Physicists and computer scientists have lately expanded on the contemporary theory of computational thermodynamics. The researchers combine methodologies from statistical physics and computer science to present mathematical equations that indicate the minimum and maximum expected energy cost of computational operations based on randomness, which is a strong tool in current computers.

Every computing system, biological or manmade, from cells to brains to laptops, has a price. This is not the price, which is obvious, but rather an energy cost related to the work necessary to run a program and the heat dissipated in the process.

Researchers at SFI and elsewhere have spent decades developing a thermodynamic theory of computation, but previous work on the energy cost has focused on basic symbolic computations, such as erasing a single bit, that are difficult to apply to less predictable, real-world computing scenarios.

In a study published in Physical Review X, four physicists and computer scientists elaborate on the contemporary idea of computation thermodynamics. The researchers combine methodologies from statistical physics and computer science to present mathematical equations that indicate the minimum and maximum expected energy cost of computational operations based on randomness, which is a strong tool in current computers.

Many computational machines, when viewed as dynamical systems, have this property where if you jump from one state to another you really can’t go back to the original state in just one step.

Gülce Kardes

In particular, the framework offers insights into how to compute energy-cost bounds on computational processes with an unpredictable finish. For example: A coin-flipping simulator may be instructed to stop flipping once it achieves 10 heads. In biology, a cell may stop producing a protein once it elicits a certain reaction from another cell. The “stopping times” of these processes, or the time required to achieve the goal for the first time, can vary from trial to trial. The new framework offers a straightforward way to calculate the lower bounds on the energy cost of those situations.

The research was conducted by SFI Professor David Wolpert, Gonzalo Manzano (Institute for Cross-Disciplinary Physics and Complex Systems, Spain), Édgar Roldán (Institute for Theoretical Physics, Italy), and SFI graduate fellow Gülce Kardes (CU Boulder). The study uncovers a way to lower-bound the energetic costs of arbitrary computational processes. For example: an algorithm that searches for a person’s first or last name in a database might stop running if it finds either, but we don’t know which one it found. “Many computational machines, when viewed as dynamical systems, have this property where if you jump from one state to another you really can’t go back to the original state in just one step,” says Kardes.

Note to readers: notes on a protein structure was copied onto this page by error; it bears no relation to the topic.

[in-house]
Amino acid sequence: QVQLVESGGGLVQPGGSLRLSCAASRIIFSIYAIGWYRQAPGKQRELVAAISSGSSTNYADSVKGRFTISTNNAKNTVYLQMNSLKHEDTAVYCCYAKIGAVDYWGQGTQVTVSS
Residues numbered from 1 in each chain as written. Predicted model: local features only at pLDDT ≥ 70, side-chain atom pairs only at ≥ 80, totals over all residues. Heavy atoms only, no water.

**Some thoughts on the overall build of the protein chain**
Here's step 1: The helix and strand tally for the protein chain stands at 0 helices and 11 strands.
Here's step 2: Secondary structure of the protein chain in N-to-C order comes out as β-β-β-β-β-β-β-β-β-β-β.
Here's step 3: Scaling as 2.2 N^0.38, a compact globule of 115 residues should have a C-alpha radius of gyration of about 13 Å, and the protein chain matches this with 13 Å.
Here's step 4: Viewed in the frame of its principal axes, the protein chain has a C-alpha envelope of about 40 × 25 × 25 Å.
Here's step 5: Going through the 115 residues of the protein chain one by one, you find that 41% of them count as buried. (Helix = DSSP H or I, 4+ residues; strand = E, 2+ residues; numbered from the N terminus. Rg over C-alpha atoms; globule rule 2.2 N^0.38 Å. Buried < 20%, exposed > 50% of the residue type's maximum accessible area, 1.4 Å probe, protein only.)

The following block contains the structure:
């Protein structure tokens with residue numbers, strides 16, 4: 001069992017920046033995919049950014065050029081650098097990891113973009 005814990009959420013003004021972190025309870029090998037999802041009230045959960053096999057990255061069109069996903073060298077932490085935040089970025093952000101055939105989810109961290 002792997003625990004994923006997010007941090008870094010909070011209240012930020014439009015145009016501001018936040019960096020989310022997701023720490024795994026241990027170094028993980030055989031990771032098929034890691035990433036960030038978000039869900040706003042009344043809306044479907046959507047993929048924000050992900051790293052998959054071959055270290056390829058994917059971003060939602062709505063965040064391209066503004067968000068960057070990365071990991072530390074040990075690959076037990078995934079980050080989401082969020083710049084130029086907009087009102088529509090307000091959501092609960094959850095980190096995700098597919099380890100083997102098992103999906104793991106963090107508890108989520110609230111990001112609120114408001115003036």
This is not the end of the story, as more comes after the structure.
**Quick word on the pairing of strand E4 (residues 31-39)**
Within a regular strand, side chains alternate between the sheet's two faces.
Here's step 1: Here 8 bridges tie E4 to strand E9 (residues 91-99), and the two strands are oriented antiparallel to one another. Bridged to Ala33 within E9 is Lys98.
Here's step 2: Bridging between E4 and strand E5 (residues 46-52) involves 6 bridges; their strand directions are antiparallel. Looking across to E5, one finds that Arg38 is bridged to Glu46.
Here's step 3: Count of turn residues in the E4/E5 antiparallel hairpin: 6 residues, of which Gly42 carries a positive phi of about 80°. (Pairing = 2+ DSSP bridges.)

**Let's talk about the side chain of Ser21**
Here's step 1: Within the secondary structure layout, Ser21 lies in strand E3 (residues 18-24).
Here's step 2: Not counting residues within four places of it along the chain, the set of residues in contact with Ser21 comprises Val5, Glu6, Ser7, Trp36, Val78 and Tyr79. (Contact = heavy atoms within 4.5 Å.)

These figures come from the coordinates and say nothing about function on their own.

Around a decade ago, Wolpert began looking into how to apply ideas from nonequilibrium statistical physics to computation theory. He describes computers as an out-of-equilibrium system, and stochastic thermodynamics provides physicists with a method for studying nonequilibrium systems. “If you put those two together, it seemed like all kinds of fireworks would come out, in an SFI kind of spirit,” according to him.

In recent works that provided the framework for this new paper, Wolpert and colleagues proposed the concept of a “mismatch cost,” or a measure of how much the cost of a computation exceeds Landauer’s bound. Rolf Landauer, a physicist, proposed this limit in 1961 to specify the minimal amount of heat required to modify information in a computer. Knowing the mismatch cost, Wolpert says, could inform strategies for reducing the overall energy cost of a system.

Across the Atlantic, co-authors Manzano and Roldán have been developing a tool from the mathematics of finance — the martingale theory — to address the thermodynamic behavior of small fluctuating systems at stopping times. Roldán et. al.’s “Martingales for Physicists” helped pave the way to successful applications of such a martingale approach in thermodynamics.

Wolpert, Kardes, Roldán, and Manzano extend these tools from stochastic thermodynamics to the calculation of a mismatch cost to common computational problems in their PRX paper.

Taken together, their research point to a new avenue for finding the lowest energy needed for computation in any system, no matter how it’s implemented. “It’s exposing a vast new set of issues,” Wolpert says.

It could also have a very practical impact by pointing out new methods to make computing more energy efficient. According to the National Science Foundation, computers consume between 5% and 9% of global generated electricity, but if current growth rates continue, this figure might rise to 20% by 2030. However, earlier work by SFI researchers reveals that modern computers are extremely inefficient: biological systems, on the other hand, are around 100,000 times more energy-efficient than human-built computers. According to Wolpert, one of the key incentives for developing a broad thermodynamic theory of computation is to discover innovative techniques to lower the energy consumption of real-world devices.